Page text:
ARGO Review


Film Pulse Score

Release Date: October 12, 2012
Director: Ben Affleck
MPAA Rating: R

Argo, the new Ben Affleck directed flick, is just as powerful and just as amazing as his previous efforts with The Town, and Gone Baby Gone.  A film about courage and bravery, Argo manages to pull at heartstrings, cause you to sit forward in your seat, and gasp with excitement.  Bottom line, Argo’s got it all.

Set in 1979, we open up right as future hostages are about to be taken during the Iranian revolution and it is boom boom boom, water boiling, temperature’s rising, and everyone’s bothered instantly by how uncomfortable the situation actually is.  From the opening credits, done with minimal glorious homage to 70s films, you are thrust into this world with utter conviction, believing every second that tick tocks by.  You’re scared, you’re worried, you’re potentially sweating, and then just like every storm, the calm sets in and Affleck pulls the reins in, allowing you to breathe…for now.

In comes Tony Mendez, played with astounding bravo by Affleck himself, a super smart CIA man, one who specializes in getting people out of these very situations…of course.  What Mendez comes up with could only be based on a true story.  The idea is to create a fake movie, from pre-pro through location scouting, and trick the Iranian government to be able to sneak out 6 hostages as a Canadian film crew.  This fake movie is a science fiction action flick that takes place in space, but with a few easy re-writes Mendez works it for an exotic location to scout.  Here we go Tehran.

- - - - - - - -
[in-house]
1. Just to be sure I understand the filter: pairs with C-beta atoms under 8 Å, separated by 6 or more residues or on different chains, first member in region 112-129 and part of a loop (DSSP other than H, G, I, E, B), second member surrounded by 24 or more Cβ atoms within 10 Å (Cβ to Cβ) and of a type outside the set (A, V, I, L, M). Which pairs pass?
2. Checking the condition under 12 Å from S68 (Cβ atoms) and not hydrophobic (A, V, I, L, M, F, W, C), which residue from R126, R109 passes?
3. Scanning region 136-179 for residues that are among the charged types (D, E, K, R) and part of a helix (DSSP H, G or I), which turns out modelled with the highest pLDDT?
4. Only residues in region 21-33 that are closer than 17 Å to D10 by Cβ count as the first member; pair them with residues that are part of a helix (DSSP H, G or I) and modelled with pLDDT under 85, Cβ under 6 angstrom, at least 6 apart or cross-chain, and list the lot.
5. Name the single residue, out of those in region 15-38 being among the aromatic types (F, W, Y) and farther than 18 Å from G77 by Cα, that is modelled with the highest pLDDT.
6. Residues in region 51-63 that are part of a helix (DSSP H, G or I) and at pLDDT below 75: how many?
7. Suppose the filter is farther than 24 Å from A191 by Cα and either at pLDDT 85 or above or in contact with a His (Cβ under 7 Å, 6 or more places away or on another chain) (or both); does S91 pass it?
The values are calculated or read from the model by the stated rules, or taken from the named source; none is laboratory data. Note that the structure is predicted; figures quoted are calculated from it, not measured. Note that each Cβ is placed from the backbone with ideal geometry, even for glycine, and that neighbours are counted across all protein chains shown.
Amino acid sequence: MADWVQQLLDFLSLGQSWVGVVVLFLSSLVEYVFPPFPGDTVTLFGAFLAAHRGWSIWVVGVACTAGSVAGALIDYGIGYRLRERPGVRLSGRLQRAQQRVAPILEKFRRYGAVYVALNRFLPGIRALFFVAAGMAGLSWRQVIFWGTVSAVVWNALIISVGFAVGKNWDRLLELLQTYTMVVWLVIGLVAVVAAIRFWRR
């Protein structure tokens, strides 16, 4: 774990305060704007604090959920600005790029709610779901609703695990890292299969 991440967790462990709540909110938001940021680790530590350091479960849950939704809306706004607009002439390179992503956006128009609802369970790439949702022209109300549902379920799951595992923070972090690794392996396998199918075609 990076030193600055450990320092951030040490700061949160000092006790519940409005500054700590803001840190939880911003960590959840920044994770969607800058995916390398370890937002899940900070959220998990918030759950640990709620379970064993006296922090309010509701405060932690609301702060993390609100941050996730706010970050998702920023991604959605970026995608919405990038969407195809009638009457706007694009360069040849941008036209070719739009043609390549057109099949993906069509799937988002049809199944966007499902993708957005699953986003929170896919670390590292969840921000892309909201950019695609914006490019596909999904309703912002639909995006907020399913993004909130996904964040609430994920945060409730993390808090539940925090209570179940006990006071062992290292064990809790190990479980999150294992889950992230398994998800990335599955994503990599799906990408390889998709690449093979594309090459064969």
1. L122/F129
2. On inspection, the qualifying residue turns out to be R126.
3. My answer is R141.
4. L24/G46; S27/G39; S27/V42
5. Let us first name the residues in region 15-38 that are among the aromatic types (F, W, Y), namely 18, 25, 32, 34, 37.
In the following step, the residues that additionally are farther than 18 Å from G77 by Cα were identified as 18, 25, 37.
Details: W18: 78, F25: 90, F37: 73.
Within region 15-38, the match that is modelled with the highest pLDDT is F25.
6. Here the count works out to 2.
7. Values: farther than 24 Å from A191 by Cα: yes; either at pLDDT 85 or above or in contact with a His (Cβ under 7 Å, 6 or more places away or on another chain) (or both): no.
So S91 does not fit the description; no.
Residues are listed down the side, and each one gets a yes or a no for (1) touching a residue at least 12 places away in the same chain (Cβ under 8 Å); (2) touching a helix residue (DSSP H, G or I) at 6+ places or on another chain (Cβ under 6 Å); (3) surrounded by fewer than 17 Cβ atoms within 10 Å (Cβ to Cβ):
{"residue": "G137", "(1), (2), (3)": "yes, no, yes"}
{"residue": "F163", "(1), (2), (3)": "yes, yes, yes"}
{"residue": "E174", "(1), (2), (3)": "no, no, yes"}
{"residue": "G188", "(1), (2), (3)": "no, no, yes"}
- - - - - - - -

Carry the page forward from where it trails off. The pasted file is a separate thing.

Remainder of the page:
Besides the fact that this is based on a true story, nearly every moment of it seems authentic and genuine, a stunning control of the material demonstrated on the entirety of the film.  The path to creating the faux movie, led by great performances by John Goodman and Alan Arkin, is where the distracting yet fantastic humor slides in, and is as important as the plot itself.  Despite the lack of screen time in the second and third act, Goodman and Arkin still act as our guys back home that we root for every time we see them.

All around, the film consists of talented actors, ranging in age, sex, gender, and type; everyone puts their A game into this film.  Even the ‘bad guys’ are great at what they do.  This is a film that has already garnered talk about a potential Best Picture Nom (from what I’ve heard…) and if it continues to perform as strongly as it is—$20 million it’s first weekend—it has the potential to realistically accept that nomination.  Argo is a strong film that is all around appealing, whether you’re looking for a touching true story, or an awesome spy film, it’ll definitely please both.